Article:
Sun Sentinel Broward Edition

Money on the ta­bles

Casino pointed to­ward a De­cem­ber open­ing

- By Nick Sor­tal Staff writer Nsor­tal@SouthFlori­da.com

Huge makeover read­ies casino for re­open­ing.

Some­times the sign of progress is a com­pletely gut­ted build­ing. The 62-year-old site of Da­nia Jai-Alai is down to its skele­ton as con­struc­tion work­ers hus­tle to open a full casino on the site in De­cem­ber.

And when Da­nia CEO Scott Savin says full casino, he’s talk­ing about more than slots, poker and jai-alai.

“This can be a spe­cial place if you do it right,” he said.

Savin is also chief op­er­at­ing of­fi­cer of Magic City Casino (for­merly Fla­gler Dog Track), which bought one-fourth of Da­nia Jai-Alai last year. The Magic City team, which op­er­ates the most lu­cra­tive casino in Miami-Dade County, will run the new Da­nia casino, in a part­ner­ship with a group of Ar­gen­tine in­vestors.

Da­nia Jai-Alai’s makeover will cost $40 mil­lion to $50 mil­lion and the build­ing “is ba­si­cally a shell,” Savin said.

The casino at Da­nia has had a rocky start. Gulf­stream Park and Mardi Gras Casino in Hal­lan­dale Beach were of­fer­ing slots by 2006 af­ter Broward vot­ers ap­proved them in 2004. But Da­nia par­ent com­pany Boyd Gam­ing held off on in­stalling slots. Boyd then an­nounced a sale to lo­cal in­vestors in 2011, only for fi­nanc­ing to fall through.

Then Ar­gen­tine busi­ness­men bought the fron­ton in 2013 and opened one-fourth of the build­ing with slots and poker on Feb. 14, only to close it eight months later in or­der to just go for the full makeover.

So now bull­doz­ers are clear­ing the valet park­ing en­try­way for a makeover; roofers are hus­tling to beat the rainy sea­son; and the ap­prox­i­mately 9,000 au­di­to­rium seats have been ripped out to make way for slots. A 30-ta­ble poker room, simul­cast area and sports bar will be on the sec­ond floor be­hind the slots. A con­cert area, called Stage 954 (mod­eled af­ter Magic City’s Stage 305 in Miami-Dade) is be­ing built in the sec­ond-floor area that had been used for slots dur­ing last year’s brief open­ing.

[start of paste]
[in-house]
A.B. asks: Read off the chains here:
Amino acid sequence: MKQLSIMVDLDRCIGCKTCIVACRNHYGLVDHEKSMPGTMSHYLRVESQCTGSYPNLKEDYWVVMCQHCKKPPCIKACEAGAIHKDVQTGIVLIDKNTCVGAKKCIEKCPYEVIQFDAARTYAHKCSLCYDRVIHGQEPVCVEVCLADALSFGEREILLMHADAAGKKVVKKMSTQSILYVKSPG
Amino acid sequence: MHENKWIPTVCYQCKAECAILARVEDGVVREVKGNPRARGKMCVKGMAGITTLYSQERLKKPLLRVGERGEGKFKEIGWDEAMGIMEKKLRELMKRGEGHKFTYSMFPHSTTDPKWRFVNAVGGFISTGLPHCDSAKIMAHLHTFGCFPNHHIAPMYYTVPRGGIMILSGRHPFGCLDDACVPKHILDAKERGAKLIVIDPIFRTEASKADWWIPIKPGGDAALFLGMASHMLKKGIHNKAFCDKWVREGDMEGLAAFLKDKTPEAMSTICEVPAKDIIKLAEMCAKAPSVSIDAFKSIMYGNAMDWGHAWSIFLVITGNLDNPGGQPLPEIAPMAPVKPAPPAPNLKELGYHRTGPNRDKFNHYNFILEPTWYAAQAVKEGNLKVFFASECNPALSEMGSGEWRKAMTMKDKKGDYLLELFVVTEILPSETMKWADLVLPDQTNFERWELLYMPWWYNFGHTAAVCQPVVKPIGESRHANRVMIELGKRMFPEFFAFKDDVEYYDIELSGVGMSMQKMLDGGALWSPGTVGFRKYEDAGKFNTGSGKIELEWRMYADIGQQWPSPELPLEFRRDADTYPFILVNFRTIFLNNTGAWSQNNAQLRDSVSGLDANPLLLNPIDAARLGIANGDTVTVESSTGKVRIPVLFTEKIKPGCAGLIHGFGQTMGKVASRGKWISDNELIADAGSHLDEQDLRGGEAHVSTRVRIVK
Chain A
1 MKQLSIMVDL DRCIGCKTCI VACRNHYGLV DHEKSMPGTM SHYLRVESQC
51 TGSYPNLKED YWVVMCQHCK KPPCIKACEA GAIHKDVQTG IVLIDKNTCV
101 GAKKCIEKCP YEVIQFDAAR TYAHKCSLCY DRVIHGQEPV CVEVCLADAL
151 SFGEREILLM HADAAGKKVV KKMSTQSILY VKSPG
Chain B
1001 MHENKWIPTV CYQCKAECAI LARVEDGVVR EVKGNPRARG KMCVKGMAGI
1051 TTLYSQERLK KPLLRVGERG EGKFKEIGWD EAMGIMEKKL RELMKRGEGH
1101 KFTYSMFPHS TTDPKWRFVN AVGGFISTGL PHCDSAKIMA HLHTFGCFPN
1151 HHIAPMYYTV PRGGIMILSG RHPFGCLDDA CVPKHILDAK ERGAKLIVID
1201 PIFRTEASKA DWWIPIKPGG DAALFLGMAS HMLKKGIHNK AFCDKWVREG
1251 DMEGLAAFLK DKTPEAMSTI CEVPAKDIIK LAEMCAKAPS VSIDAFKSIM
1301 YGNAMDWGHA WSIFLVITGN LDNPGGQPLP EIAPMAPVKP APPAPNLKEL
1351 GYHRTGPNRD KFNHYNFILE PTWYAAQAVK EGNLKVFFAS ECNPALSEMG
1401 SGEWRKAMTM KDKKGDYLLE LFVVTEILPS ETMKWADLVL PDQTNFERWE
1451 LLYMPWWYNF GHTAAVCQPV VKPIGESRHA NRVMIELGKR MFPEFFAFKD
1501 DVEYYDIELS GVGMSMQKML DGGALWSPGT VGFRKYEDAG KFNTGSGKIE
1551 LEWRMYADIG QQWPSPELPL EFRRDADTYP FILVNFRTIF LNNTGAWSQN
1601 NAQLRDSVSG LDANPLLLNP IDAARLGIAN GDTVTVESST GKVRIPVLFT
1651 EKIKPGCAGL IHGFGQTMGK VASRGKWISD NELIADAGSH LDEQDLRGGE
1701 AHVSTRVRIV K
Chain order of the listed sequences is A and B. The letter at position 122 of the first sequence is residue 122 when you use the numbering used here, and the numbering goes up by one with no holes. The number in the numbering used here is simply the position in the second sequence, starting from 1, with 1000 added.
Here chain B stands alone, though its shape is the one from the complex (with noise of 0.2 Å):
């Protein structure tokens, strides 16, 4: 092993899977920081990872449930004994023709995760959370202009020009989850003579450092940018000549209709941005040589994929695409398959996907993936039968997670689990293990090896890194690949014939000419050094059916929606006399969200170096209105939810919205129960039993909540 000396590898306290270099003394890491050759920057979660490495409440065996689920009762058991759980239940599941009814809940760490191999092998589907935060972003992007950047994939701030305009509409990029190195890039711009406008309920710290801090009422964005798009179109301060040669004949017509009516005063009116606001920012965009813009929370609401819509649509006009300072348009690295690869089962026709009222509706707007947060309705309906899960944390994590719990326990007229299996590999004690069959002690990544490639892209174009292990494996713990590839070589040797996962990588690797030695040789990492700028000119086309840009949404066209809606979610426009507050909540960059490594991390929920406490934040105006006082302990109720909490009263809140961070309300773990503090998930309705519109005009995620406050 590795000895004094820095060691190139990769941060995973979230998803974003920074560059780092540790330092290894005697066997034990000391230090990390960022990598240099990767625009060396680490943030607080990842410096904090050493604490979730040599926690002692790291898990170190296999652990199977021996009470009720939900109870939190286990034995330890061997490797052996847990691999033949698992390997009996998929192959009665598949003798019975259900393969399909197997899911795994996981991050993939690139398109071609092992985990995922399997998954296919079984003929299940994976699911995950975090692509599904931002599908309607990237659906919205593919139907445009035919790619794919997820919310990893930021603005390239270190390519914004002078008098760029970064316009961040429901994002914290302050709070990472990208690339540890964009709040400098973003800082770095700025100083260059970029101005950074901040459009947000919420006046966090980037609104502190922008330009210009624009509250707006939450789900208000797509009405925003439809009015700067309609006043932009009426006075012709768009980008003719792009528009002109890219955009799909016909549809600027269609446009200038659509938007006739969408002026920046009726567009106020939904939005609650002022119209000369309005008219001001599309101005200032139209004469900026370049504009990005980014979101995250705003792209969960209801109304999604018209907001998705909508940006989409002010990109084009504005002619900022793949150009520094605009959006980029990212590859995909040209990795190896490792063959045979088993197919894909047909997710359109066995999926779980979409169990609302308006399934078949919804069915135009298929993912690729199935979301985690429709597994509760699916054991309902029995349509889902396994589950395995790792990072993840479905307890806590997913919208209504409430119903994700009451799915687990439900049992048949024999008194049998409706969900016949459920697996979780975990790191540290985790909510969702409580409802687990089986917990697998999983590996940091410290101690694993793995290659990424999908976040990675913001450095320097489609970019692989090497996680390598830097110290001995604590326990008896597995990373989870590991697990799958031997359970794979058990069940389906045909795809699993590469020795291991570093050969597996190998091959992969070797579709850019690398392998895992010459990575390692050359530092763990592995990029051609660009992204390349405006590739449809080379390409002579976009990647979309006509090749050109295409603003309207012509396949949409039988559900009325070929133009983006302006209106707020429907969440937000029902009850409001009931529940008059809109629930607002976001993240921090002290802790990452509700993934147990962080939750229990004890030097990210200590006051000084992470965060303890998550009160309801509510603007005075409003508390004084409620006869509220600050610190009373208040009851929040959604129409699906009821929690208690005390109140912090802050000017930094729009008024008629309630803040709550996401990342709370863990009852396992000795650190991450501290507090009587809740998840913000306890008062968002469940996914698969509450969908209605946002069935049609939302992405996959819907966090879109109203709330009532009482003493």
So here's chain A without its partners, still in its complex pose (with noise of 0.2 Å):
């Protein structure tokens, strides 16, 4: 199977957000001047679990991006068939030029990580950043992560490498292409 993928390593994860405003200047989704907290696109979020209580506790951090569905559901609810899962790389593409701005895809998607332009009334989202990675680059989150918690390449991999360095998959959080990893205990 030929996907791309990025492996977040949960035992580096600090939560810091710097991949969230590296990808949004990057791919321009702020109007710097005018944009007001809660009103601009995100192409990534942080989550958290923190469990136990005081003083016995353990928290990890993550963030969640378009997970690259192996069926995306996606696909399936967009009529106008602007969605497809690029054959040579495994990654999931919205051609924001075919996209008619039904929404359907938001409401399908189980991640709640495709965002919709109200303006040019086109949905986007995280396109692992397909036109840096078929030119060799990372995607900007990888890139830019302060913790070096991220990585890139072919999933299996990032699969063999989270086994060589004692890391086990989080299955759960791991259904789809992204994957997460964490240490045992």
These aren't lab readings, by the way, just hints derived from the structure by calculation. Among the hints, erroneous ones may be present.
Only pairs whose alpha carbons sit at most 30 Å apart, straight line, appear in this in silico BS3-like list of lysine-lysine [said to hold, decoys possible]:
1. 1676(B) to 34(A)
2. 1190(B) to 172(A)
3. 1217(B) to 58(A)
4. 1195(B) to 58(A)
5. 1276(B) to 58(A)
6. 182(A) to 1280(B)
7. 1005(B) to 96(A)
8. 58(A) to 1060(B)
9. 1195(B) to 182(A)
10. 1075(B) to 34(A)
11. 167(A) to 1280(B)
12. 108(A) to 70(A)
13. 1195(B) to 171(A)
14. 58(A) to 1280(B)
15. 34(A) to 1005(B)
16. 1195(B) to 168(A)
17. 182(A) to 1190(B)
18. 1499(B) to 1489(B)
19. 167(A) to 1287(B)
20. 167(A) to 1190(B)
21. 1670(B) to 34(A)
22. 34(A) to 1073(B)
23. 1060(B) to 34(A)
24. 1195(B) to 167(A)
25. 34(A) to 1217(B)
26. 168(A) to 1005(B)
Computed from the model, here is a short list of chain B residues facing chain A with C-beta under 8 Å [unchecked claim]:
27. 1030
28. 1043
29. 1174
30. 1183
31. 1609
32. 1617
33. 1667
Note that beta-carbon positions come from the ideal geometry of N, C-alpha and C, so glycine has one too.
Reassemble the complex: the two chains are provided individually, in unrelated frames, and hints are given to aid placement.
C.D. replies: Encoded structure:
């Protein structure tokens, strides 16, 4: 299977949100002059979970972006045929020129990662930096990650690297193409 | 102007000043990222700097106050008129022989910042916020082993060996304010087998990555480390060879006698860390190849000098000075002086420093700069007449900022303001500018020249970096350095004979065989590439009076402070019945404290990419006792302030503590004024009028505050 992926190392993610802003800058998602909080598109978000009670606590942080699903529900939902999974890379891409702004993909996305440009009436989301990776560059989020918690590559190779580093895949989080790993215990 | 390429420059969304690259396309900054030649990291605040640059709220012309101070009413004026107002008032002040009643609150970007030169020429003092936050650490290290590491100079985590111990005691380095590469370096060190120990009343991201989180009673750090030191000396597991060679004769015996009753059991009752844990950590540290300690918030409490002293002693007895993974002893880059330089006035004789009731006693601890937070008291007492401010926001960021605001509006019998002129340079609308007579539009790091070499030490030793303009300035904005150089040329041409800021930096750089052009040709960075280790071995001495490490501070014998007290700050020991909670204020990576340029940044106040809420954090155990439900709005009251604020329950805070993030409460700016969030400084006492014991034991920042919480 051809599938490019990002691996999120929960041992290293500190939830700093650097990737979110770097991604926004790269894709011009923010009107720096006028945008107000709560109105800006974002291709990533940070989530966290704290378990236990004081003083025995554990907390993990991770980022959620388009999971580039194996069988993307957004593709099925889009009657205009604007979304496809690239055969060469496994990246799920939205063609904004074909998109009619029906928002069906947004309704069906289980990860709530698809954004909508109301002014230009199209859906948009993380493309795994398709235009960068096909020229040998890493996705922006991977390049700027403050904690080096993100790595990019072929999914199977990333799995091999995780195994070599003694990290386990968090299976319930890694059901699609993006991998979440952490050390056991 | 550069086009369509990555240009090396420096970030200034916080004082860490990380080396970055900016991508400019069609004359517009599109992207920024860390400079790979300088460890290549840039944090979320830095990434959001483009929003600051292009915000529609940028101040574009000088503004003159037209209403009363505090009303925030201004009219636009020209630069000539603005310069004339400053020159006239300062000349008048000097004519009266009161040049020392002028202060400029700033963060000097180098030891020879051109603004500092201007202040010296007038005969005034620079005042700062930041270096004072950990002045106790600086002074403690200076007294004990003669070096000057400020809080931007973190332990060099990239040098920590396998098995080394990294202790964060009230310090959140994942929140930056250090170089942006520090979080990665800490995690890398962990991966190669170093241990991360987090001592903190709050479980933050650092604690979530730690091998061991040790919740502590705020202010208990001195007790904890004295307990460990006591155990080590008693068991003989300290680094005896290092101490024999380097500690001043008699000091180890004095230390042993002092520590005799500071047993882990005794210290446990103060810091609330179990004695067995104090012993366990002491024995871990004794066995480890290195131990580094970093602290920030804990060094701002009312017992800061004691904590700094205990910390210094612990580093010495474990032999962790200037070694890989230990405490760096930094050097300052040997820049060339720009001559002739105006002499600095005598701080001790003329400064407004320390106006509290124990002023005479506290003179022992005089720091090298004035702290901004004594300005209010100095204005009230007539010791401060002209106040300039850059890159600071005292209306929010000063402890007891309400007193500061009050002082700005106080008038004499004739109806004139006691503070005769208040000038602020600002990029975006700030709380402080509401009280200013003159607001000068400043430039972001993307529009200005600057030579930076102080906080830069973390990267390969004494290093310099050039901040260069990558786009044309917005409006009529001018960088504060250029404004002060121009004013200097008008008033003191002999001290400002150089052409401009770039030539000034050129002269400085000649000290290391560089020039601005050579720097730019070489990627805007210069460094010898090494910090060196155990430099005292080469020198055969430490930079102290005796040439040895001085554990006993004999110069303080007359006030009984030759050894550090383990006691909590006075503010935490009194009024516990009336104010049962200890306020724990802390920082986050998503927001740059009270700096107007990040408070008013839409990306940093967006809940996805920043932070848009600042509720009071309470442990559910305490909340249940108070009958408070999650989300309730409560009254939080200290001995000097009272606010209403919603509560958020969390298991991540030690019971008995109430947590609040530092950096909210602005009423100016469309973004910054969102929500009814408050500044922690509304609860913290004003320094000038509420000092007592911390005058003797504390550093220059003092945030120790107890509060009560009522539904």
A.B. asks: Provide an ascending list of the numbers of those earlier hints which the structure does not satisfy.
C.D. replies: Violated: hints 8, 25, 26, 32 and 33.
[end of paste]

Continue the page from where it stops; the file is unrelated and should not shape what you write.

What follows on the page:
Savin says one of the big­gest fea­tures will be a repack­ag­ing and re-em­pha­sis on jai-alai. A large video screen will show the ac­tion on the slot floor, and pa­trons vis­it­ing a new deli and/or buf­fet will be able to place bets on the games. The em­pha­sis on the game runs counter to the gen­eral trend, with jai-alai in­ter­est crip­pled by a 1988 player’s strike, the Florida Lot­tery and other en­ter­tain­ment op­tions.

“So many peo­ple in their 40s and 50s tell me they re­mem­ber the good times they had at Da­nia Jai-Alai,” Savin said. “We’re not ready to give up on it.”

Savin said Magic City Casino has pros­pered be­cause it of­fers all kinds of op­tions, and the same plan is here.

“We want to of­fer all phases of a night out: jai-alai, card room, casino, restau­rants and en­ter­tain­ment,” he said, not­ing that bands from the 1970s through the 1990s have been the core of Magic City’s mu­sic card. “It’s not just com­ing out and play­ing slot ma­chines.”

He says Da­nia has an ad­van­tage be­cause it’s the clos­est casino to Fort Laud­erdale, and be­ing close to the air­port and port means that 21 mil­lion air trav­el­ers and 3 mil­lion cruisers a year might stop by.

“Hope­fully, we’ll sur­prise a few peo­ple,” he said. “And it’s my job to scoop some of them up and bring them over here, ei­ther be­fore or af­ter their trips.”

 ?? CAR­LINE JEAN/STAFF PHO­TOG­RA­PHER ?? There’s not much left of the old Da­nia Jai-Alai. “This can be a spe­cial place,” says Scott Savin, CEO of Da­nia En­ter­tain­ment, above.
CAR­LINE JEAN/STAFF PHO­TOG­RA­PHER There’s not much left of the old Da­nia Jai-Alai. “This can be a spe­cial place,” says Scott Savin, CEO of Da­nia En­ter­tain­ment, above.

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